Subscribe to
Opera Today

Receive articles and news via RSS feeds or email subscription.


facebook-icon.png


twitter_logo[1].gif



Plumbago_9780993198359_1.png

9780521746472.png

0810888688.gif

0810882728.gif

Recently in Reviews

Eugene Onegin at Seattle

Passion! Pain! Poetry! (but hold the irony . . .)

Unusual and beautiful: Mirga Gražinytė-Tyla conducts the music of Raminta Šerkšnytė

Mirga Gražinytė-Tyla conducts the music of Raminta Šerkšnytė with the Kremerata Baltica, in this new release from Deutsche Grammophon.

Pow! Zap! Zowie! Wowie! -or- Arthur, King of Long Beach

If you might have thought a late 17thcentury semi-opera about a somewhat precious fairy tale monarch might not be your cup of twee, Long Beach Opera cogently challenges you to think again.

Philippe Jaroussky and Jérôme Ducros perform Schubert at Wigmore Hall

How do you like your Schubert? Let me count the ways …

Crebassa and Say: Impressionism and Power at Wigmore Hall

On paper this seemed a fascinating recital, but as I was traveling to the Wigmore Hall it occurred to me this might be a clash of two great artists. Both Marianne Crebassa and Fazil Say can be mercurial performers and both can bring such unique creativity to what they do one thought they might simply diverge. In the event, what happened was quite remarkable.

'Songs of Longing and Exile': Stile Antico at LSO St Luke's

Baroque at the Edge describes itself as the ‘no rules’ Baroque festival. It invites ‘leading musicians from all backgrounds to take the music of the Baroque and see where it leads them’.

Richard Jones' La bohème returns to Covent Garden

Richard Jones' production of Puccini's La bohème is back at the Royal Opera House, Covent Garden after its debut in 2017/18. The opening night, 10th January 2020, featured the first of two casts though soprano Sonya Yoncheva, who was due to sing Mimì, had to drop out owing to illness, and was replaced at short notice by Simona Mihai who had sung the role in the original run and is due to sing Musetta later in this run.

Diana Damrau sings Richard Strauss’s Vier letzte Lieder on Erato

“How weary we are of wandering/Is this perhaps death?” These closing words of ‘Im Abendrot’, the last of Richard Strauss’s Vier letzte Lieder, and the composer’s own valedictory work, now seem unusually poignant since they stand as an epitaph to Mariss Jansons’s final Strauss recording.

Vaughan Williams Symphonies 3 & 4 from Hyperion

Latest in the highly acclaimed Hyperion series of Ralph Vaughan Williams symphonies, Symphonies no 3 and 4, with Martyn Brabbins and the BBC Symphony Orchestra, recorded in late 2018 after a series of live performances.

Don Giovanni at Lyric Opera of Chicago

Mozart’s Don Giovanni returned to Lyric Opera of Chicago in the Robert Falls updating of the opera to the 1930s. The universality of Mozart’s score proves its adaptability to manifold settings, and this production featured several outstanding, individual performances.

Britten and Dowland: lutes, losses and laments at Wigmore Hall

'Of chord and cassiawood is the lute compounded;/ Within it lie ancient melodies'.

Tara Erraught sings Loewe, Mahler and Hamilton Harty at Wigmore Hall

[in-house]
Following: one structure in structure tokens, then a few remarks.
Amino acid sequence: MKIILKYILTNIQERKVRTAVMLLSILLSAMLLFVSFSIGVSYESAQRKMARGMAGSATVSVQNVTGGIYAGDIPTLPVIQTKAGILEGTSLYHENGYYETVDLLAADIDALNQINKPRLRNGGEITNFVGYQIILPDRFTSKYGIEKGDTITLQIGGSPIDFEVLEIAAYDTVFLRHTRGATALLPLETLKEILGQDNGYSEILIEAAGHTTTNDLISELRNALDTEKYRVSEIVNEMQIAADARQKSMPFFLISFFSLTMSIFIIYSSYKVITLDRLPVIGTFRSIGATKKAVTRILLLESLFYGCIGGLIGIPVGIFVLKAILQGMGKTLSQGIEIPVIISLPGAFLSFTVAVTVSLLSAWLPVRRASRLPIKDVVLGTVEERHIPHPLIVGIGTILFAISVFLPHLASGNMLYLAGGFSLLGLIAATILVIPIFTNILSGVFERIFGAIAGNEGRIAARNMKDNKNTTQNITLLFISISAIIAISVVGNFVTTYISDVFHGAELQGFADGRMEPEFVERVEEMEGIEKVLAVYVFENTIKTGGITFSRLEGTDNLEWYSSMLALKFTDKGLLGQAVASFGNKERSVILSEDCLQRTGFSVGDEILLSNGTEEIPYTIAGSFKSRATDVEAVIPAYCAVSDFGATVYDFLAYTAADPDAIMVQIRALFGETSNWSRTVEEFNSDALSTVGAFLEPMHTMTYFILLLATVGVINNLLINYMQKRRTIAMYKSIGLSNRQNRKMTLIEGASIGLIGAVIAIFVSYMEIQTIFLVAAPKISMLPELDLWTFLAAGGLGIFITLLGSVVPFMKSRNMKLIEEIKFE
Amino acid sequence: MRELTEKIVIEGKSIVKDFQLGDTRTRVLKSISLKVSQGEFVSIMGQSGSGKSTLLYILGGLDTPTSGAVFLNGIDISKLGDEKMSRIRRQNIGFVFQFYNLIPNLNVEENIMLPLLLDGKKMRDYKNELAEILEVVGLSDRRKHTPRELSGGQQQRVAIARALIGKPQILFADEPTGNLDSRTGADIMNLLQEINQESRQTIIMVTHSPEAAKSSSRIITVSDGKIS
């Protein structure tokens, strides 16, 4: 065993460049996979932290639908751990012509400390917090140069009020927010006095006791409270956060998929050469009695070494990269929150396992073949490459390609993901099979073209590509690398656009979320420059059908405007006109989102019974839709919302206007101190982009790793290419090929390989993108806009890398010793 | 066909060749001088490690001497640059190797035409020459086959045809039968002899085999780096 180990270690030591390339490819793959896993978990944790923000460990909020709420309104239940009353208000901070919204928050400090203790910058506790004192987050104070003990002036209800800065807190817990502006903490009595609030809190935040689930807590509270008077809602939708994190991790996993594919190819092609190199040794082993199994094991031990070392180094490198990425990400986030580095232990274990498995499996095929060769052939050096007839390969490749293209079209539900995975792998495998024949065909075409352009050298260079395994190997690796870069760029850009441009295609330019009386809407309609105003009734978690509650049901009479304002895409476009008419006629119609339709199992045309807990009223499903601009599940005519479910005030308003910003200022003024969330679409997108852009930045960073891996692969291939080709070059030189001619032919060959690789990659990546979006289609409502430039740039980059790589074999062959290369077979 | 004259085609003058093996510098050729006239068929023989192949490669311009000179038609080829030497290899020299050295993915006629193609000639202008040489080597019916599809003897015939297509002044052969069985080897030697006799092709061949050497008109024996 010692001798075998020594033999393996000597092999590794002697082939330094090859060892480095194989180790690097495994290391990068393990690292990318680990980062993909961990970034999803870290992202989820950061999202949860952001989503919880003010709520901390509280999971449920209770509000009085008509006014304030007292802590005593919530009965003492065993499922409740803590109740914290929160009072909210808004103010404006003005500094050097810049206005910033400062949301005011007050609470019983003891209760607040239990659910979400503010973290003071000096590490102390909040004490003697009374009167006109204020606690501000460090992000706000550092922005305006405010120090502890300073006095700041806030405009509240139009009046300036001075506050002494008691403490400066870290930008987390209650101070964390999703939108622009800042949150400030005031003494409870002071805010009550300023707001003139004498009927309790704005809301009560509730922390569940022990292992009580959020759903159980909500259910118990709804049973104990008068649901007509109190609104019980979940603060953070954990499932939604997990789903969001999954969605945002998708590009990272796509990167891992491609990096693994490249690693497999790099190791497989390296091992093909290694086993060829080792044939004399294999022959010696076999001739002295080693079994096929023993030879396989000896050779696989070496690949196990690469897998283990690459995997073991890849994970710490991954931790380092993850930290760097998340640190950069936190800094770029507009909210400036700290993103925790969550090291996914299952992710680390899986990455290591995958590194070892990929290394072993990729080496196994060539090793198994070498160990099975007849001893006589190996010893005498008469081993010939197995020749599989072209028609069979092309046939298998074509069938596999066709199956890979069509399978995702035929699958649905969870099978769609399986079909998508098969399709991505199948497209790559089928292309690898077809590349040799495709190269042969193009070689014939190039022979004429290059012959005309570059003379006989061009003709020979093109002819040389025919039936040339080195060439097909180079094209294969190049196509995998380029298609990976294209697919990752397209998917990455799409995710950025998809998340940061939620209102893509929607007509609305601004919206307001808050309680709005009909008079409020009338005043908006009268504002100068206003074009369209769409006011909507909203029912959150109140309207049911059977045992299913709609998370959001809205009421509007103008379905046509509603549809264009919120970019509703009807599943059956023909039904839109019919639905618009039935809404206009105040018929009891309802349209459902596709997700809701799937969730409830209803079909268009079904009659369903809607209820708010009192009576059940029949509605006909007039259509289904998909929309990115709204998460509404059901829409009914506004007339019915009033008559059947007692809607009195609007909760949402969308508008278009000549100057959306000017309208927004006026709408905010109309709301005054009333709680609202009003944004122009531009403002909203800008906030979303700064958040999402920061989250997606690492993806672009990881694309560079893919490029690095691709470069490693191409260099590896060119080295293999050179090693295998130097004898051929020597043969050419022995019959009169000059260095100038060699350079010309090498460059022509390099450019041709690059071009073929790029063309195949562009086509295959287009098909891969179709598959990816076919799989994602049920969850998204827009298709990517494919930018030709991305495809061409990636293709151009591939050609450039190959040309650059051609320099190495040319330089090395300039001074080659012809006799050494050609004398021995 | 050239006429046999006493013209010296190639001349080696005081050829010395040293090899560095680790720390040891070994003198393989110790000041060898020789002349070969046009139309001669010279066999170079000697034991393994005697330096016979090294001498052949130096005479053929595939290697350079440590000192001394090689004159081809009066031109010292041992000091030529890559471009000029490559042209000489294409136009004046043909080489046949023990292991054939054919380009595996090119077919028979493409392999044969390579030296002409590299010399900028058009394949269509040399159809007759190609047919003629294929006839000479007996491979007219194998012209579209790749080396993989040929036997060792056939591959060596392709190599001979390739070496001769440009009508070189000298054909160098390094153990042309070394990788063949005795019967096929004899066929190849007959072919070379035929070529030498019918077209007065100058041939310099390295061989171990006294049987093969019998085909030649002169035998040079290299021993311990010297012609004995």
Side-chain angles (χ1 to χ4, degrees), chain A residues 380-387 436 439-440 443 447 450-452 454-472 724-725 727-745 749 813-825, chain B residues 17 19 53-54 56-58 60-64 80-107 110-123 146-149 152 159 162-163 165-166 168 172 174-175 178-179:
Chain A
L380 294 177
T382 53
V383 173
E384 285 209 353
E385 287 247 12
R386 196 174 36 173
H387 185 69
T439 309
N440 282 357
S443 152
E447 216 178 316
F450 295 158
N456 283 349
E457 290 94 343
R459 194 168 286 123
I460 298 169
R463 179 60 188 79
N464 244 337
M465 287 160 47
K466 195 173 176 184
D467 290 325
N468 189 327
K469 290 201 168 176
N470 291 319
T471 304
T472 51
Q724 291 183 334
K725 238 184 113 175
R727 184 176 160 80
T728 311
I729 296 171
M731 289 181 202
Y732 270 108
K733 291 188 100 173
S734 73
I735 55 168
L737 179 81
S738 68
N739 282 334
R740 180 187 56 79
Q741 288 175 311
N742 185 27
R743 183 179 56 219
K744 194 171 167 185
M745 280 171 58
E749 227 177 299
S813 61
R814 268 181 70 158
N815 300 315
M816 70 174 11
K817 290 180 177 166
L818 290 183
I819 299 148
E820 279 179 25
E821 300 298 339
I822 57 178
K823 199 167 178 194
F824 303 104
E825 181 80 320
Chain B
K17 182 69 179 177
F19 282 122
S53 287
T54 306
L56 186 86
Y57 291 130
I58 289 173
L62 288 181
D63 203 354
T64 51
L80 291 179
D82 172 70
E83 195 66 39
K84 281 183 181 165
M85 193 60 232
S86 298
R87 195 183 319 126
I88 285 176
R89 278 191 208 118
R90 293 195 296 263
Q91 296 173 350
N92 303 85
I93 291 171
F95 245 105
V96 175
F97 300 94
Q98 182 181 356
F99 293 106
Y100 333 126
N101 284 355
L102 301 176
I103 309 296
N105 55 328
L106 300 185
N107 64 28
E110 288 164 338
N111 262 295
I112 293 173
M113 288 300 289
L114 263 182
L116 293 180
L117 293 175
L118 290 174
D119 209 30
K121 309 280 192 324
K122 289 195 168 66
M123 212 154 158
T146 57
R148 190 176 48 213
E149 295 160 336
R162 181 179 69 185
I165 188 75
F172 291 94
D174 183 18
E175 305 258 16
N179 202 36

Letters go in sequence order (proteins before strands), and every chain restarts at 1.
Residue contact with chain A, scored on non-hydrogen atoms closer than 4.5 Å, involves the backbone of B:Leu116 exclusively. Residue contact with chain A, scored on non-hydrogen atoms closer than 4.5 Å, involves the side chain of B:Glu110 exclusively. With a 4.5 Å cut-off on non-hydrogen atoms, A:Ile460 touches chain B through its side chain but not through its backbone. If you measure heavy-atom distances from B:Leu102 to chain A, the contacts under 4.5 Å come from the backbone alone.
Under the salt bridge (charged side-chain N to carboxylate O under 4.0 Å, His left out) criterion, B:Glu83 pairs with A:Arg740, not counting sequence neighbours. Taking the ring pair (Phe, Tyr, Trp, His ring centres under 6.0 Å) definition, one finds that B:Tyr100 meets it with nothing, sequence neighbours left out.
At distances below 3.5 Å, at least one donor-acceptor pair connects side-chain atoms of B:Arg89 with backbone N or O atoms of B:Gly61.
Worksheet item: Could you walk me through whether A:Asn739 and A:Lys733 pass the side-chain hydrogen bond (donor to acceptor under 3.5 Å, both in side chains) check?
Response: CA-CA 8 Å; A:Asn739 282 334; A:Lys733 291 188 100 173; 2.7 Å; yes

During those ‘in-between’ days following Christmas and before New Year, the capital’s cultural institutions continue to offer fare both festive and more formal.

Bach’s Christmas Oratorio with the Thomanerchor and Gewandhausorchester Leipzig

This Accentus release of J.S. Bach’s Christmas Oratorio, recorded live on 15/16th December 2018 at St. Thomas’s Church Leipzig, takes the listener ‘back to Bach’, so to speak.

Retrospect Opera's new recording of Ethel Smyth's Fête Galante

Writing in April 1923 in The Bookman, of which he was editor, about Ethel Smyth’s The Boatswain’s Mate (1913-14) - the most frequently performed of the composer’s own operas during her lifetime - Rodney Bennett reflected on the principal reasons for the general neglect of Smyth’s music in her native land.

A compelling new recording of Bruckner's early Requiem

The death of his friend and mentor Franz Seiler, notary at the St Florian monastery to which he had returned as a teaching assistant in 1845, was the immediate circumstance which led the 24-year-old Anton Bruckner to compose his first large-scale sacred work: the Requiem in D minor for soloists, choir, organ continuo and orchestra, which he completed on 14th March 1849.

Prayer of the Heart: Gesualdo Six and the Brodsky Quartet

Robust carol-singing, reindeer-related muzak tinkling through department stores, and light-hearted festive-fare offered by the nation’s choral societies may dominate the musical agenda during the month of December, but at Kings Place on Friday evening Gesualdo Six and the Brodsky Quartet eschewed babes-in-mangers and ding-donging carillons for an altogether more sedate and spiritual ninety minutes of reflection and ‘musical prayer’.

The New Season at the New National Theatre, Tokyo

Professional opera in Japan is roughly a century old. When the Italian director and choreographer Giovanni Vittorio Rosi (1867-1940) mounted a production of Cavalleria Rusticana in Italian in Tokyo in 1917, with Japanese singers, he brought a period of timid experimentation and occasional student performances to an end.

Handel's Messiah at the Royal Albert Hall